WASHINGTON — The Federal Reserve signaled Wednesday that it may act sooner than previously planned to start dialing back the low-interest-rate policies that have helped fuel a swift rebound from the pandemic recession but have also coincided with rising inflation.
The Fed’s policymakers forecast that they would raise their benchmark short-term rate — which affects many consumer and business loans, including mortgages and credit cards — twice by late 2023. They had previously estimated that no rate hike would occur before 2024.
At a news conference, Chair Jerome Powell said the Fed’s policymaking committee also began discussing when to reduce its monthly bond purchases. But Powell made clear that the Fed has yet to decide when it will do so. The purchases, which consist of $120 billion in Treasury and mortgage bonds, are intended to keep longer-term rates low to encourage borrowing.
The Fed has made clear that its first step in slowing its support for the economy will be to pare its bond purchases — and that it would begin to raise rates only sometime after that. Its key rate has been pinned near zero since March 2020.
The central bank’s new forecast for rate hikes starting in 2023 reflects an economy that’s achieving faster progress than was expected earlier this year.
At the same time, Powell sought Wednesday to dispel any concerns that the Fed might be in a hurry to withdraw its economic support by making borrowing more expensive. The economy, he said, still hasn’t improved enough to reduce the pace of the monthly bond purchases, which the Fed has said it intends to continue until “substantial further progress” has been made toward its employment and inflation goals.
“We are a ways away from substantial further progress, we think,” Powell said at his news conference. “But we are making progress.”
Soon after the Fed issued its statement Wednesday, U.S. stocks fell further from their record highs, and bond yields rose. The yield on the 10-year Treasury note rose from 1.48 percent to 1.55 percent.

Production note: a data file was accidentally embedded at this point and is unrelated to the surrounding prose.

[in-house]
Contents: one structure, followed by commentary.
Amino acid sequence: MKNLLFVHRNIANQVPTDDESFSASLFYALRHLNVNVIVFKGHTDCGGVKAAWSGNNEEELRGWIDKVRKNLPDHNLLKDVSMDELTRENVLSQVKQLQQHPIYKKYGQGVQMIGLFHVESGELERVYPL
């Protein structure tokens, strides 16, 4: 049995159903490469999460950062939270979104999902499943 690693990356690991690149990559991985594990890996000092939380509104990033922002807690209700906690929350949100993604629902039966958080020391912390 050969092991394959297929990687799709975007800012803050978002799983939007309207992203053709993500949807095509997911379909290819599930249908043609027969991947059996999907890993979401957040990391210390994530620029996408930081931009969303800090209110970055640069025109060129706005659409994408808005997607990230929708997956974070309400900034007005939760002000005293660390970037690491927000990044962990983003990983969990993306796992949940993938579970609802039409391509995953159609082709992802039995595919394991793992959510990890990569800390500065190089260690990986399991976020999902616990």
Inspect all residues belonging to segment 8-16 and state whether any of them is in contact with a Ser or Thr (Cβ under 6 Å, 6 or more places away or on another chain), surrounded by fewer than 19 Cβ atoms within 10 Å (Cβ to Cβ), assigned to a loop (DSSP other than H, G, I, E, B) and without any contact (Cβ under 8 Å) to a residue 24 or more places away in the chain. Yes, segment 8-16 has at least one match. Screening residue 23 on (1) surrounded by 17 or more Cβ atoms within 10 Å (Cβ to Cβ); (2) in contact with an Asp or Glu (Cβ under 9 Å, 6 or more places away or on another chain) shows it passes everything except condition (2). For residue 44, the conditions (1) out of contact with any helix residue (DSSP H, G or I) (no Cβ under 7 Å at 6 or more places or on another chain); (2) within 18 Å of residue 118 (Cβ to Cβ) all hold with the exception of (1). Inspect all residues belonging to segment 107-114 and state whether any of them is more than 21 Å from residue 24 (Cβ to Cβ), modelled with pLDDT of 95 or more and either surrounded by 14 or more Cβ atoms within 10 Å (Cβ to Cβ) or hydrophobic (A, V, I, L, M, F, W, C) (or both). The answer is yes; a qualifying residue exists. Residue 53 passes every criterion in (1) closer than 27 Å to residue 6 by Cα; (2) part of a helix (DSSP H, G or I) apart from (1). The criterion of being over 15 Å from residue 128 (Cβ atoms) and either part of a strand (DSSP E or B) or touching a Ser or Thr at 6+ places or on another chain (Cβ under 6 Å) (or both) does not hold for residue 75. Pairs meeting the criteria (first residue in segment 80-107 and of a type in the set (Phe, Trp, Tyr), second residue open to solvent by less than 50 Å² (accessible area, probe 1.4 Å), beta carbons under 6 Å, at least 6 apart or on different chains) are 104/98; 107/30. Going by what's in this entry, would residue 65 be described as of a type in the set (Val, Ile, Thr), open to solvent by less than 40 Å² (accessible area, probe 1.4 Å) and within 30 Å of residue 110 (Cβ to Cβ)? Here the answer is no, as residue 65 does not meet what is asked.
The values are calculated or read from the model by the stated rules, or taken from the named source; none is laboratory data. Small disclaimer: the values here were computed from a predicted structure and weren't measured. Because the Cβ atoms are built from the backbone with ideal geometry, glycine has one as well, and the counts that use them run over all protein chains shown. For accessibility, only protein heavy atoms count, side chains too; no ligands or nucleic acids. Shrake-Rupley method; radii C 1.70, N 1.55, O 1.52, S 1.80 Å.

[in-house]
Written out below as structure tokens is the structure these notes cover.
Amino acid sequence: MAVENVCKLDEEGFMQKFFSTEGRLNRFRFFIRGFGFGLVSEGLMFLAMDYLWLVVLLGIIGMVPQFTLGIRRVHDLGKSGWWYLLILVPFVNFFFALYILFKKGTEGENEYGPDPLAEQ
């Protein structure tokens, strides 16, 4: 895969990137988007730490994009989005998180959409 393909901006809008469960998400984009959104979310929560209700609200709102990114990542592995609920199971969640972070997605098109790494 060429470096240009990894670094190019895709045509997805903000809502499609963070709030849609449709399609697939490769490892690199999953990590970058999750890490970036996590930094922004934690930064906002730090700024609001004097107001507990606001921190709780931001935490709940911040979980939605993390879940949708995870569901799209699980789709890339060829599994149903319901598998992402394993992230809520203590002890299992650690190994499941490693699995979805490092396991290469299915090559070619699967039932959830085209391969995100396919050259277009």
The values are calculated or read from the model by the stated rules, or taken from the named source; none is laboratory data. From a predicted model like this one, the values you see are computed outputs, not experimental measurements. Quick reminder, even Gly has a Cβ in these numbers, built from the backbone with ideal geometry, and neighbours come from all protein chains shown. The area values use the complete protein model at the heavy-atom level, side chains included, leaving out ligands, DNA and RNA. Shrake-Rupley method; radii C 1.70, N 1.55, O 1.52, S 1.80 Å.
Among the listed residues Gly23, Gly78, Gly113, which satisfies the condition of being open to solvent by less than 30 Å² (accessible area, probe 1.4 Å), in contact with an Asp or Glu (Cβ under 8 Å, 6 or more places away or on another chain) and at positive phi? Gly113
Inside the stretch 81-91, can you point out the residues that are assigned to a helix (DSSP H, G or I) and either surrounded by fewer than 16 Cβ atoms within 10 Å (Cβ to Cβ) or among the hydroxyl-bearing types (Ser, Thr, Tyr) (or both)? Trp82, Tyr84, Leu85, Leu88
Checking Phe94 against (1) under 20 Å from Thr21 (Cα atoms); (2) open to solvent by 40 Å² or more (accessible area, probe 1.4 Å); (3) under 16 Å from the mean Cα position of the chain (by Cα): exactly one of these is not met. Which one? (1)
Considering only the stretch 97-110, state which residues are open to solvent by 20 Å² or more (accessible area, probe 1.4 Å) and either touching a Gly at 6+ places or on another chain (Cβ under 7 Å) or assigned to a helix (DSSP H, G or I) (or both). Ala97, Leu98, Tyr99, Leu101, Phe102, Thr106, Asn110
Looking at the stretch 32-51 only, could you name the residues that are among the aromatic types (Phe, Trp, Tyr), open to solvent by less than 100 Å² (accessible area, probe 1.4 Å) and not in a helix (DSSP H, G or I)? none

Sung Won Sohn, an economist at Loyola Marymount University in Los Angeles, suggested that the markets’ initially negative reaction to the Fed’s statement might have caused Powell to take a more dovish tone at his news conference. (“Doves,” in Fed parlance, typically focus on the Fed’s mandate to maximize employment and worry less about inflation. “Hawks,” by contrast, tend to concern themselves more with the need to prevent high inflation.)
“We got two different messages from the Fed today,” Sohn said. “The interest rate projections were a bit more hawkish than the market expected.”
But at his news conference, Sohn said, Powell “emphasized that the economy is still not where it should be, especially in terms of unemployment …. and the Fed still thinks the economy needs stimulus from the central bank.”
Still, Powell also sketched an overall optimistic picture in his remarks Wednesday. The inflation spikes of the past two months, he said, will likely prove temporary, and hiring should accelerate through summer and into the fall as COVID-19 recedes further with increased vaccinations. That will allow schools and day care centers to reopen, which will enable more parents to work, while supplemental federal aid for the jobless ends.